Aziz Ali Dad
Commentators were taken by surprise when China blamed recent unrest in its territory of Xinjiang on militants reportedly trained in Pakistan. The Chinese accusation has deepened the perception abroad of Pakistan being a haven for terrorists.
Most commentators have kept their analyses confined to the need for containment of the problem to the alleged infiltration into Xinjiang, but none tried to look at the issue beyond the element of friendship between the two countries. There is no denying that Pakistani soil should not be used against neighbouring countries. Pakistan ought to deal with the issue seriously if its land has indeed been used by militants from Xinjiang. For that purpose greater inter-state collaboration is necessary.
However, the violence and terrorism in Xinjiang cannot be eliminated only by focusing on external links. Within Pakistani society we need to start rethinking our approach against the menace of terrorism and violence and do some soul searching, rather than blaming this or that external element. Likewise, more attention should be given to Xinjiang as an internal problems.
In his book The Roots of Terror, Terry Eagleton says that “some form of terror lies at the origin of most political states, but this fact is cast into the political unconscious.” He suggests: “Only by confronting it, rather than repressing it, can we hope to get beyond it.”
In addition to dealing with element of foreign links in the troubles in Xinjiang, it is indispensable for the problem to be seen it in its local and historical context. This would be conducive to understanding the issue more holistically.
Xinjiang’s secessionist movement is far older than the contemporary wave of terrorism since the early 1980s. Historically, the region of Xinjiang has been an area contested by Mongols, Chinese, Tibetans, Turks and Russians. The major ethnic group in the territory are the Uyghurs, who are a Turkic people. Xinjiang came under China’s suzerainty soon after the communist revolution in 1949.
With the arrival of the communist regime, a process of the taming of Xinjiang started. Secessionist sentiments have always simmered in local ethnic groups, being particularly strong in the Uyghur population, which was a majority only decades ago. These sentiments occasionally burst forth into violence and terrorist acts.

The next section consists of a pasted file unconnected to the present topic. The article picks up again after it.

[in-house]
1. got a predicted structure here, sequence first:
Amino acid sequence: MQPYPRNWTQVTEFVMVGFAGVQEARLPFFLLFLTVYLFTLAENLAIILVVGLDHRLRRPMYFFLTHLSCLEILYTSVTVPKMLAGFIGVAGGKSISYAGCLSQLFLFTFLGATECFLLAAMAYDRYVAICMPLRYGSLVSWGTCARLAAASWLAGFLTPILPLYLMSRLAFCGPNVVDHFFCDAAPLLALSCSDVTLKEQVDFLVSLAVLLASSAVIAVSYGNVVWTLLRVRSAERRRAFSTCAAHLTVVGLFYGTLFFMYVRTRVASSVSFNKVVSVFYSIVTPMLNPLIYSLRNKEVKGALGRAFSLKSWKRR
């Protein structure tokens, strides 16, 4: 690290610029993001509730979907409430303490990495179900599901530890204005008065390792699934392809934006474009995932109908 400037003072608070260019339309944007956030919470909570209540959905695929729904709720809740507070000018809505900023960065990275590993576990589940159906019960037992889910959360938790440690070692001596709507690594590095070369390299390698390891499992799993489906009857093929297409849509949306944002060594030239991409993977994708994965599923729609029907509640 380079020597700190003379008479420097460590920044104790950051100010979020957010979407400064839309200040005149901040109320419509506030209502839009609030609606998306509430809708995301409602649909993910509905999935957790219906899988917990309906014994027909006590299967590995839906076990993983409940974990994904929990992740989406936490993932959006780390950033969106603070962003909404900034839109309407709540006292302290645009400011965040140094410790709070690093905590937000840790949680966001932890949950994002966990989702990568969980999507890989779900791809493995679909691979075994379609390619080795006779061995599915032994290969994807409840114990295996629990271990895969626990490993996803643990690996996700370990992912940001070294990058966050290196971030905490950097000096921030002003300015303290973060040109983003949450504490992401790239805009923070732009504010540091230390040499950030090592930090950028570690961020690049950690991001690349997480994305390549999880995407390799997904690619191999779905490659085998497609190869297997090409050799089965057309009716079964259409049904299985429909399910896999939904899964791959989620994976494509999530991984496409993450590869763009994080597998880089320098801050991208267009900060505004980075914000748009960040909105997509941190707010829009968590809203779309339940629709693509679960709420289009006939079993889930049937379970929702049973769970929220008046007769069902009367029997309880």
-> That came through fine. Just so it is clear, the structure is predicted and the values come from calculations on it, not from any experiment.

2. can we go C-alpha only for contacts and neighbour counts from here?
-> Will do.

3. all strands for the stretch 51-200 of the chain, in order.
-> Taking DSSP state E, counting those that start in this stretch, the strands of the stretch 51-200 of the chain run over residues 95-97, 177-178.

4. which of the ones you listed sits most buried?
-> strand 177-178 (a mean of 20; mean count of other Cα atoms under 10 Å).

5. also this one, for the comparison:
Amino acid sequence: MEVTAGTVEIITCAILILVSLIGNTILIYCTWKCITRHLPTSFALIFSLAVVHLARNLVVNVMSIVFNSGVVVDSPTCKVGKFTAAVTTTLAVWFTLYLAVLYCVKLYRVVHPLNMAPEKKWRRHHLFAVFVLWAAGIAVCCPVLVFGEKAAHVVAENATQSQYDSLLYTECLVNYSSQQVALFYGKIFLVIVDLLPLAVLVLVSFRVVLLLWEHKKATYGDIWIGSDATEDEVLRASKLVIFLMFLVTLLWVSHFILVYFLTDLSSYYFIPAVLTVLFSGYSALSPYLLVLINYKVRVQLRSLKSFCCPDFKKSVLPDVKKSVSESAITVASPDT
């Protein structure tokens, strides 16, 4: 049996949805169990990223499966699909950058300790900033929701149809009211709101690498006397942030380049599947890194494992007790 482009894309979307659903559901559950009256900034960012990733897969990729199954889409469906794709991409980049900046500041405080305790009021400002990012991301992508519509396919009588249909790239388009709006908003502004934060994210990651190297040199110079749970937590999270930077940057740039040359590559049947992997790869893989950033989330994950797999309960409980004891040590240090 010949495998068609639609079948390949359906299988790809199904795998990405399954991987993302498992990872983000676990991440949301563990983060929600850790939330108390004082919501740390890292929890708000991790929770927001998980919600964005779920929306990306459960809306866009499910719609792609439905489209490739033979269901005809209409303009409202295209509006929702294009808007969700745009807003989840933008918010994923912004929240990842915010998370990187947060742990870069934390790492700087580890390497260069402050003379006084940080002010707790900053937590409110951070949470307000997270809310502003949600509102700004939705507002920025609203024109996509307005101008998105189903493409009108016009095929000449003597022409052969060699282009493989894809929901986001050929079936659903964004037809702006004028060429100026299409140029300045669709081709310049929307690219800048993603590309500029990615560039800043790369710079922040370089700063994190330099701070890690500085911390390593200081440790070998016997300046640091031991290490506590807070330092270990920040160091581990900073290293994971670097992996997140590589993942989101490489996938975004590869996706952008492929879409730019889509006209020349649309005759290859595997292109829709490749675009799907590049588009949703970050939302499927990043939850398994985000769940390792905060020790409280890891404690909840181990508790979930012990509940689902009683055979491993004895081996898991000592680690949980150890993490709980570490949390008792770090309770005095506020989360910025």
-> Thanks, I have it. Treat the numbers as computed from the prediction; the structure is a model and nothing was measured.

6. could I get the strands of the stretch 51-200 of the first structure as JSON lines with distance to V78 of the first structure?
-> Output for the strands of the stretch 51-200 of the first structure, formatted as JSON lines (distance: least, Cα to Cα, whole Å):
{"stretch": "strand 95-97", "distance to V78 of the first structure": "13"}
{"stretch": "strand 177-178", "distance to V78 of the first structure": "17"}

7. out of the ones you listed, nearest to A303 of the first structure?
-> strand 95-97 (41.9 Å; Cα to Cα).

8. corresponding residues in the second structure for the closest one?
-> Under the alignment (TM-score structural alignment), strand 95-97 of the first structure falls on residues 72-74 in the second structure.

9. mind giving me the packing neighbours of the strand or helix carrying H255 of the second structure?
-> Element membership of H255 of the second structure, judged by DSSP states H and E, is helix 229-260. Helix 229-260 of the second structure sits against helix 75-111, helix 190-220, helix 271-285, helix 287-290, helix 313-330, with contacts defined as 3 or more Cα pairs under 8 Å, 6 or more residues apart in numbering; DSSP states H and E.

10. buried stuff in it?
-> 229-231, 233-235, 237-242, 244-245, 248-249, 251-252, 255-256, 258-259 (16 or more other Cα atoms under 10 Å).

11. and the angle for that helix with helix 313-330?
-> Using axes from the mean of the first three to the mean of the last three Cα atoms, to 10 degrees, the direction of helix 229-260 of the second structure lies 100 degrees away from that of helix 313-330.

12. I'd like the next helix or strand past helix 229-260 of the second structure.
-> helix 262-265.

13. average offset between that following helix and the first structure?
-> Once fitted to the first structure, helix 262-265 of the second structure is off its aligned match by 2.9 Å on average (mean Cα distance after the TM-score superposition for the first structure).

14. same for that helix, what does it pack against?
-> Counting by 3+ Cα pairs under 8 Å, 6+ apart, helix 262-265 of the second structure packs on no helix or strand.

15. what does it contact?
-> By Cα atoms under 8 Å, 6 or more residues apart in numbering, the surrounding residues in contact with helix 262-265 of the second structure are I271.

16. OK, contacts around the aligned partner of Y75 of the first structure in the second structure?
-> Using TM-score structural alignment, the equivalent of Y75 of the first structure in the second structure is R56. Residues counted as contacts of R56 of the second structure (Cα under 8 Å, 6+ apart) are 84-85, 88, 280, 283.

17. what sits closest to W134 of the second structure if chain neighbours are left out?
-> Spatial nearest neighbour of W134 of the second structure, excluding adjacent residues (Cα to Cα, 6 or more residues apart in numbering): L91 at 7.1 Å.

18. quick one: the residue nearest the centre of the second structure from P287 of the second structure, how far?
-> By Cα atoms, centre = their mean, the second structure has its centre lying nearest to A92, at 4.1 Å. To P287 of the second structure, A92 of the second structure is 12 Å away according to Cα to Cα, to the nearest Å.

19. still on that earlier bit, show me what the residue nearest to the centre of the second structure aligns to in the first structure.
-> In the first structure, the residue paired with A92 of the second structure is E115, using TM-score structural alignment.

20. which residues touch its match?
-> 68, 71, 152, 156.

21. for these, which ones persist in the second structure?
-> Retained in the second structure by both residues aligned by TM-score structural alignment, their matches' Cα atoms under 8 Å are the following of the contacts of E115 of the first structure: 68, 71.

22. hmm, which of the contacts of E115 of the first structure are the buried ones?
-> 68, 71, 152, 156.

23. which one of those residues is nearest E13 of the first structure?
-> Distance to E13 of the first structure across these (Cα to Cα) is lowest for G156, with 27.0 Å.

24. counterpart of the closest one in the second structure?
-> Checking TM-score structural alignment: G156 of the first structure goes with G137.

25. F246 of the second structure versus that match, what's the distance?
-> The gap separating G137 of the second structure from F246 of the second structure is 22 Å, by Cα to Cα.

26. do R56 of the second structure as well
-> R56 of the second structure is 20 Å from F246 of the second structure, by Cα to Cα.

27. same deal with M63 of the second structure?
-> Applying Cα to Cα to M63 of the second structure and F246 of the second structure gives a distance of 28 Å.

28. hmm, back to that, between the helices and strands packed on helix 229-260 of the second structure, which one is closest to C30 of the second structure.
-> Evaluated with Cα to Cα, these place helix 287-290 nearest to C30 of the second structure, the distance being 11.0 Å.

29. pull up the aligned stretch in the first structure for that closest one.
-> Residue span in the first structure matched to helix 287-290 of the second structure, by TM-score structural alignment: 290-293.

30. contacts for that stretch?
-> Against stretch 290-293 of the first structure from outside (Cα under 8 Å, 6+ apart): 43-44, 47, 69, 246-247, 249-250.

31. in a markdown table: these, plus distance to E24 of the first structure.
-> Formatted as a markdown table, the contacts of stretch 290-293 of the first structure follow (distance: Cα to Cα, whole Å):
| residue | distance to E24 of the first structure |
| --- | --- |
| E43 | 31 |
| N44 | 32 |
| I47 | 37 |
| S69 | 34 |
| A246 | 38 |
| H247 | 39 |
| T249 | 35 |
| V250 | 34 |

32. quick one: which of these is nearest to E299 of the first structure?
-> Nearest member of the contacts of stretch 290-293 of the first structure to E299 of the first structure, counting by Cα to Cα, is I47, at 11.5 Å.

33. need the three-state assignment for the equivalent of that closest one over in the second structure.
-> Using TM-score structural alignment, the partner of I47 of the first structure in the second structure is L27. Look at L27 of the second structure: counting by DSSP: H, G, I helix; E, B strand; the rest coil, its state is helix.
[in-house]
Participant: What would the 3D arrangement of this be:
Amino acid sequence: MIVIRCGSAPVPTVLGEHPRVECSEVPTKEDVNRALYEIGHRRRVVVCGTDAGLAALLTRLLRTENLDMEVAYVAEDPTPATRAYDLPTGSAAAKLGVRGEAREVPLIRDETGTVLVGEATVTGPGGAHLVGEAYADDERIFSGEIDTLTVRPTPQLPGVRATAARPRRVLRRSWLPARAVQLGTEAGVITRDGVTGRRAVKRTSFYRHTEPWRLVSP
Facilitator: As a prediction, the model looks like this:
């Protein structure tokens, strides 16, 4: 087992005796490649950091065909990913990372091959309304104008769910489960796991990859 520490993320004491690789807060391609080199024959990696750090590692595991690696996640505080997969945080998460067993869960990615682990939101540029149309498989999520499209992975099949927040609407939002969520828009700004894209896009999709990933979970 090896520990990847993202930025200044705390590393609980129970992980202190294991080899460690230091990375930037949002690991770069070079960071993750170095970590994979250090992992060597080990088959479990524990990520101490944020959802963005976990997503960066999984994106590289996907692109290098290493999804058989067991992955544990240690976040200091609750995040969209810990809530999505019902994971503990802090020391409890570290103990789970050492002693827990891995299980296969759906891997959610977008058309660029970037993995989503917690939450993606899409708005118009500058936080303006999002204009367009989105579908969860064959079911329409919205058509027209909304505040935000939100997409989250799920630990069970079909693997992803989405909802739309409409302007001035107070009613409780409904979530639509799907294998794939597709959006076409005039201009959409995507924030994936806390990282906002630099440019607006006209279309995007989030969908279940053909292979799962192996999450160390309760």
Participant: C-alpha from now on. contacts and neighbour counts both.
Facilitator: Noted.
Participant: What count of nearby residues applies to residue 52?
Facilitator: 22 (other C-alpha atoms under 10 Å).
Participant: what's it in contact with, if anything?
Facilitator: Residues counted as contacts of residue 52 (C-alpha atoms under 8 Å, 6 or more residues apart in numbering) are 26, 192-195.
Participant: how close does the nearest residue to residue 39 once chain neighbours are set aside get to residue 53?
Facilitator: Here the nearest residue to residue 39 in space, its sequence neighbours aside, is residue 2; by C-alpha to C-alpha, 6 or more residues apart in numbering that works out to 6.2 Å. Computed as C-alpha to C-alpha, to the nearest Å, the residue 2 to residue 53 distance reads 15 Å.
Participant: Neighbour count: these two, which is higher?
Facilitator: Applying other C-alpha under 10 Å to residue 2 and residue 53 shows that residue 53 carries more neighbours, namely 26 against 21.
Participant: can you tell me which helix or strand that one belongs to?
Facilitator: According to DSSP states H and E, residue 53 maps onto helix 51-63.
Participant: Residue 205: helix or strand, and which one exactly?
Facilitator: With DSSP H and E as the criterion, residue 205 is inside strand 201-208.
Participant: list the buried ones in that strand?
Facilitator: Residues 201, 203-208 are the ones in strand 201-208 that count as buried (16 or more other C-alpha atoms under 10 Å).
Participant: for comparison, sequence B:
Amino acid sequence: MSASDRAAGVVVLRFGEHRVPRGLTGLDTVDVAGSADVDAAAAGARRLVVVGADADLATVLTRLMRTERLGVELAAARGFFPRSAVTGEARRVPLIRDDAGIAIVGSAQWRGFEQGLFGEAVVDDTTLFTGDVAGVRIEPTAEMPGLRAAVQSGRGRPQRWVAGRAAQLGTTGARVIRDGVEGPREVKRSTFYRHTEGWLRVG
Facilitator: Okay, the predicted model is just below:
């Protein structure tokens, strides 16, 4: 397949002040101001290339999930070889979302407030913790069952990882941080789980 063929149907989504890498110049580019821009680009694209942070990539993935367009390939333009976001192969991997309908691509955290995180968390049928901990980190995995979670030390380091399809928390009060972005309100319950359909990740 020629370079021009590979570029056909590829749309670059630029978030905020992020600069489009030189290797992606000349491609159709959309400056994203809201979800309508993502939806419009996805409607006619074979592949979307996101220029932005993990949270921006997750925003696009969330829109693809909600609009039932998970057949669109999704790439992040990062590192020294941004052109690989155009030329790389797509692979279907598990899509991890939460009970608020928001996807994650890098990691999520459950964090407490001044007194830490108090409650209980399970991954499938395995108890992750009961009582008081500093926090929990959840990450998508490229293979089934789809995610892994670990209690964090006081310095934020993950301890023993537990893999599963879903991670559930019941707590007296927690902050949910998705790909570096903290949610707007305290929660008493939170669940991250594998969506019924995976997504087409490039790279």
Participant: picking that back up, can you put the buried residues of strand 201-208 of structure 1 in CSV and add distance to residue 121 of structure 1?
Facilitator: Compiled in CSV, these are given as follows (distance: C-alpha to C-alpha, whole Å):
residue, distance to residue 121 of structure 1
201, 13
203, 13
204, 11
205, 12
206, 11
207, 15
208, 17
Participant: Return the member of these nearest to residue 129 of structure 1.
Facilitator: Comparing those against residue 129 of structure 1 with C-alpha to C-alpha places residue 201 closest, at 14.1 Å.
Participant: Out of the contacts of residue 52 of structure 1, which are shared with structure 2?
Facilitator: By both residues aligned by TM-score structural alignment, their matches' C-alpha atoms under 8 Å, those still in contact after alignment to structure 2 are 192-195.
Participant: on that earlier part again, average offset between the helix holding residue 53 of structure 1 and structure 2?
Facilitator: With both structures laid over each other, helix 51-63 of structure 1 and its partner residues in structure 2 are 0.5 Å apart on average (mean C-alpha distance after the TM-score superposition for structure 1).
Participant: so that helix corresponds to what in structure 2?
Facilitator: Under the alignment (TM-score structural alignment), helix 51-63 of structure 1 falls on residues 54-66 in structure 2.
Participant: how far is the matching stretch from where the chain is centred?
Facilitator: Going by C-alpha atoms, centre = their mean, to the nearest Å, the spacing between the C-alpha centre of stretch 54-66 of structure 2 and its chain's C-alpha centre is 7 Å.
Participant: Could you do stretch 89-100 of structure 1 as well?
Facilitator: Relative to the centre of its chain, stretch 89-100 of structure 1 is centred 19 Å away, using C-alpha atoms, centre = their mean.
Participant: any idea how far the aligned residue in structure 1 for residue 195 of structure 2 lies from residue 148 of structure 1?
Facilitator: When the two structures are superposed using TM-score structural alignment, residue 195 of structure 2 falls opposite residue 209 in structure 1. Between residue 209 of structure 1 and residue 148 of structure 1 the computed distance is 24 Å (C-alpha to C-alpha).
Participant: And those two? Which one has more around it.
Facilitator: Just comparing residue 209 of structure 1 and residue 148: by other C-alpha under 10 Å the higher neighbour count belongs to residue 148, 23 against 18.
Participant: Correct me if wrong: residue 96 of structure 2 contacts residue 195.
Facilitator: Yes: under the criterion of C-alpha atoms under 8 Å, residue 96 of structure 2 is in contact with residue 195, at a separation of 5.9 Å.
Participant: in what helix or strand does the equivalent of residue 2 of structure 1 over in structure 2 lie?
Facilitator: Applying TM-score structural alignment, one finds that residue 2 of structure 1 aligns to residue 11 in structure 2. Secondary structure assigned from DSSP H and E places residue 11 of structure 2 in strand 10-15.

To control the indigenous population, the Chinese state employed its biggest weapon – mass migration of Han Chinese to Xinjiang. As a result, the Uyghur people are rapidly becoming a minority in their own area. They now form 45 percent of the total population of Xinjiang, while the population of ethnic Chinese is rapidly approaching 40 percent.
While the grievances of the Uyghurs and other indigenous ethnic groups remained unaddressed, the defeat of the Soviet Union emboldened the separatists to increasing their efforts for an independent state of their own. Some separatist elements even joined the global jihad. Drawing inspiration from the jihad, these elements established the East Turkestan Islamic Movement in the 1990s. In the period since the Sept 11 attacks, some Uyghur jihadi elements were either killed in Afghanistan and the tribal areas of Pakistan or incarcerated in the Guantanamo Bay. Overall, the global jihadis have failed to find a foothold in Xinjiang itself.
Meanwhile, the Chinese government invested in education, health and infrastructure to try to appease the ethnic population. But the ruffled feelings of Uyghurs and the other indigenous nationalities, including Kazakhs, Uzbeks, Kyrghis and Tatars, has remained a major irritant.
A salient feature of Chinese communism is that, unlike the former Soviet Union, it is basically nationalistic in character. The Soviet Union followed communism in the ideological sense. With the disintegration of the USSR, we witnessed old ethnic identities emerging unscathed from 70 years of communist rule. On the other hand, the strong underpinnings of Chinese ethnicity in the identity of the Chinese state, other ethnic minorities feel their own identities in jeopardy. Hence, we see sporadic eruptions of ethnic discontent among the Uyghurs and some indigenous groups, such as Tibetans and Mongols.
In order to eliminate the scourge of violence and terrorism in Xinjiang, China needs to complement its efforts to develop the region economically with the political and social empowerment of Uyghurs and other indigenous ethnic groups in the territory. Xinjiang is primarily an internal problem. Therefore, it can be resolved only if local grievances are addressed.
Pakistan can help by discouraging Xinjiang militants’ maintenance of ties with global jihadists, but it cannot offer a panacea for the internal problems of the Chinese state and society.
The writer is a social scientist associated with a rights based organisation in Islamabad. Email: firstname.lastname@example.org
Courtesy: The NEWS